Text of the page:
Publishing | Louis Holt argues that "collectibility" will save the printed comic from being replaced by the digital version.
"The fallacy of thinking that digital comic books will kill print comic books is that it ignores the collectible value of comic books," Holt writes. "There is no telling how many comic books sold today aren’t even read but are immediately slid into protective sleeves with backing boards. People can’t trade or wrap digital comic books in plastic."
I suspect Holt creates a flaw of his own by overstating the hold collectibility has on readers. Handling monthly comics like 1,000-year-old parchments before sealing them away in Mylar bags may be common practice among a segment of the audience (particularly those of a certain age). However, I don't believe "collectibility" is a driving force -- the driving force? -- for the readership at large. The increasing popularity of trade paperbacks, the whole wait-for-the-trade "movement," and, yes, webcomics would seem enough to cast Holt's notion into doubt.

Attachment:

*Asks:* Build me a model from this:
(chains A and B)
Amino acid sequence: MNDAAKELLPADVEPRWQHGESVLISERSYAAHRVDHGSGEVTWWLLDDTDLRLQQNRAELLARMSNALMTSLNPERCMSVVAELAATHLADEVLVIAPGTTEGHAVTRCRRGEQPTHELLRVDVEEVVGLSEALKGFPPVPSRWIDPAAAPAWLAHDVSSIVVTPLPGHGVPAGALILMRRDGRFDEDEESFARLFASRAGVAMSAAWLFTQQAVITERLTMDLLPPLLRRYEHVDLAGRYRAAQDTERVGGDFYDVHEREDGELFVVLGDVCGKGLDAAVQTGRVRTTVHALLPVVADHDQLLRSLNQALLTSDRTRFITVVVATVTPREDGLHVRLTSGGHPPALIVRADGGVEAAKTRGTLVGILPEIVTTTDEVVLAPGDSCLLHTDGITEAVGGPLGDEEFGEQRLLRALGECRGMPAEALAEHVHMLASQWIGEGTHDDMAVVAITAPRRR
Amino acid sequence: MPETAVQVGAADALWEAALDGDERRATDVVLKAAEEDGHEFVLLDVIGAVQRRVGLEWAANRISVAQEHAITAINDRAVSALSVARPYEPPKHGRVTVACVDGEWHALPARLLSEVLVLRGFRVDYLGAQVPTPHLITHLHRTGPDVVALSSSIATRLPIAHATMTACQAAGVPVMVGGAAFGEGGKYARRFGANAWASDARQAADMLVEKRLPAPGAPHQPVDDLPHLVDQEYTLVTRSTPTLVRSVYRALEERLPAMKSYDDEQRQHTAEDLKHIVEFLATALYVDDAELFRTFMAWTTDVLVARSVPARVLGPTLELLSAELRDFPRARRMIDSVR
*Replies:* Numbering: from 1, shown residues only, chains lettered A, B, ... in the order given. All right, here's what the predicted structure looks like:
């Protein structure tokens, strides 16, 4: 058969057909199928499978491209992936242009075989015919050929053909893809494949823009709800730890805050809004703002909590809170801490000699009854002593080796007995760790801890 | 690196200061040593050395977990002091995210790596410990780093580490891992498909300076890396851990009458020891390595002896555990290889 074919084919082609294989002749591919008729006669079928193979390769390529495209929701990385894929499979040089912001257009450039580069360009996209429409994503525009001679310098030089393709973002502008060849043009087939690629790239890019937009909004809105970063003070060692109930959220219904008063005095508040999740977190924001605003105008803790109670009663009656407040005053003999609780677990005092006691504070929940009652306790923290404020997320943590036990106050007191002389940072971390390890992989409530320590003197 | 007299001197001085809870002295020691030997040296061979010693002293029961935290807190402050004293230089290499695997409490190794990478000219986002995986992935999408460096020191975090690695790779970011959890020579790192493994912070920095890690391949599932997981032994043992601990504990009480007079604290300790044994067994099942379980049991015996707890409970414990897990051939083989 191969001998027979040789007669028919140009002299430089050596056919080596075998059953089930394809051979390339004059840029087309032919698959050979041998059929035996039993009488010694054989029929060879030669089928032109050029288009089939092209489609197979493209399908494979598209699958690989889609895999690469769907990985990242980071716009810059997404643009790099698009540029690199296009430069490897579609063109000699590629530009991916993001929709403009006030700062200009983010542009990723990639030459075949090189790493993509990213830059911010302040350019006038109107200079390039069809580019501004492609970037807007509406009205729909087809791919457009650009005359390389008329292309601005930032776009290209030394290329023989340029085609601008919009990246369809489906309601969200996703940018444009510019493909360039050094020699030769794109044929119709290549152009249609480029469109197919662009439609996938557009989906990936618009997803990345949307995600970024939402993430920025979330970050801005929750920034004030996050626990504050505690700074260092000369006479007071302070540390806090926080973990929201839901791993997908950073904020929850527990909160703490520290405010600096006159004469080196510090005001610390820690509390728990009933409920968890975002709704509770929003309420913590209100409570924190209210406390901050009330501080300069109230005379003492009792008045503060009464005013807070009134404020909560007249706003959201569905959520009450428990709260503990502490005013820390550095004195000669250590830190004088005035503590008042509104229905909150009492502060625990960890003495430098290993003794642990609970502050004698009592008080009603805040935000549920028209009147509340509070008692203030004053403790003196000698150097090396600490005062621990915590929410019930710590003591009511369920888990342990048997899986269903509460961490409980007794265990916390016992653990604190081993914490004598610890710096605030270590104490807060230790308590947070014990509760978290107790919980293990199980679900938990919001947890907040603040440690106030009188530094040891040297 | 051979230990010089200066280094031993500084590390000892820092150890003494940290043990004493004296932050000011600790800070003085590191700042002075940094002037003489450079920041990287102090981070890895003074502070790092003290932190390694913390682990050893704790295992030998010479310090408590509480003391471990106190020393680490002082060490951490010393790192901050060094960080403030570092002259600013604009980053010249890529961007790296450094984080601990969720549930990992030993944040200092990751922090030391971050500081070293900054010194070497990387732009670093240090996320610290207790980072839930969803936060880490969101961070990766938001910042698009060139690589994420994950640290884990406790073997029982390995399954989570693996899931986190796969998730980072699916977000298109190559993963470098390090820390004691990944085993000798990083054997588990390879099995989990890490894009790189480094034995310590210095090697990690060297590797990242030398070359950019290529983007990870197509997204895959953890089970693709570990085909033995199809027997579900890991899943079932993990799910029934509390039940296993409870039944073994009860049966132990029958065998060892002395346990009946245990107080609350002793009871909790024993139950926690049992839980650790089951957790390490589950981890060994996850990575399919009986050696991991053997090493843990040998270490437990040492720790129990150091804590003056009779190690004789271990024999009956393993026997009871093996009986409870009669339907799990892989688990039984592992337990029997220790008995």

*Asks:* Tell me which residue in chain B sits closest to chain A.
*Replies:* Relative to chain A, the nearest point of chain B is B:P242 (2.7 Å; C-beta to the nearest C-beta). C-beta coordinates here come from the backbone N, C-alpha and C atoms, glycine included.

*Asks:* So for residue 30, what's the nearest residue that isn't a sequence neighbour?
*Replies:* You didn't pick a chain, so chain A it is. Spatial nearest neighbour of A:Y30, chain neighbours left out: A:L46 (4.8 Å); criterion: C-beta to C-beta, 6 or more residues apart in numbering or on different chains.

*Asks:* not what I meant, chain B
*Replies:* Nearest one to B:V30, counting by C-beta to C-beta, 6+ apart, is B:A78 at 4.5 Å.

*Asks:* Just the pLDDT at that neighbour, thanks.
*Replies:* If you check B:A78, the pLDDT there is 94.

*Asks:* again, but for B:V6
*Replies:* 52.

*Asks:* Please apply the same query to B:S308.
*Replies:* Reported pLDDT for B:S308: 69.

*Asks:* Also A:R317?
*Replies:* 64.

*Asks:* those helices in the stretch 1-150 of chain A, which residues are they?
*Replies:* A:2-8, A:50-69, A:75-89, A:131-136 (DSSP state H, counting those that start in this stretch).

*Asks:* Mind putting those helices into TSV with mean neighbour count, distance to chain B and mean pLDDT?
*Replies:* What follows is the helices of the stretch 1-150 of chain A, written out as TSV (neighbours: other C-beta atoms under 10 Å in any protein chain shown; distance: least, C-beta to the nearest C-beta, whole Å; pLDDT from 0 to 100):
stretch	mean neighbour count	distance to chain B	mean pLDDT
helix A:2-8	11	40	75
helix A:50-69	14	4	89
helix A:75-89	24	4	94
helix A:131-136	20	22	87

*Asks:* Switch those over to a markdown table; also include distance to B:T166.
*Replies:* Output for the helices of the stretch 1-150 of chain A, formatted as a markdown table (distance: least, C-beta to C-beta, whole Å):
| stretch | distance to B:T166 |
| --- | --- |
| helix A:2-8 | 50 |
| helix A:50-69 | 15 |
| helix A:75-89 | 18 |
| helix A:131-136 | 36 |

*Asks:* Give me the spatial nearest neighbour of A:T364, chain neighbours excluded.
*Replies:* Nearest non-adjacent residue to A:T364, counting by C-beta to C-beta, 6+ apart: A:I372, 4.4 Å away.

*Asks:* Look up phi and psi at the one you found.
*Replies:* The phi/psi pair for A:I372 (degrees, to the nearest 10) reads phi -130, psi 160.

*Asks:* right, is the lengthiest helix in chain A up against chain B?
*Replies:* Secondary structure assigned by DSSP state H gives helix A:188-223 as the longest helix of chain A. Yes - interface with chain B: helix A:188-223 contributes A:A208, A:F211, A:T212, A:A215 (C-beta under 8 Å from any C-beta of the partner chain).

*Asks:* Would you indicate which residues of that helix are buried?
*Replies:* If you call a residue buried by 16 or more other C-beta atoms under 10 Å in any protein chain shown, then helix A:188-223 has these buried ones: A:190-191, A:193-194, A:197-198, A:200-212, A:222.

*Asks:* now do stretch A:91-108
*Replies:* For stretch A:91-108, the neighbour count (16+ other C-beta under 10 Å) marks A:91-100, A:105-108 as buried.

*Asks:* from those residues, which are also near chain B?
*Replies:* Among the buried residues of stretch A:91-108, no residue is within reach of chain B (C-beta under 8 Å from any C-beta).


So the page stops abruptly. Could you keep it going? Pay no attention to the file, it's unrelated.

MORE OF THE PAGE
That said, the band shouldn't start the funeral dirge for the printed comic anytime soon (whatever "soon" means). Any sort of seismic shift by the industry toward digital comics still faces numerous obstacles -- e-device quality and affordability, and the necessity of new business models, among them. I just don't think "collectibility" is one of the more worrisome ones.
Matt Maxwell also weighs in: "Well, pulp novels are collectable, so are wax cylinders. So are vinyl records. Anything can be made collectible. Collectibility doesn't mean that a format survives or is necessarily a standard currency any longer. It just means that someone wants the artifact and is willing to pay for it."
Copyright | Although manga publishers have yet to clamp down on scanlators -- fans who translate Japanese comics and post them online -- a University of London professor thinks conflicts could arise as the global market becomes more lucrative. She estimates there are more than 1,000 scanlation groups worldwide.
E-devices | Matt Springer sees Apple's rumored touch-screen Netbook as a contender for "ultimate eComics reader."
Social media | Advertising Age reports that Facebook is driving more traffic than Google to some large websites.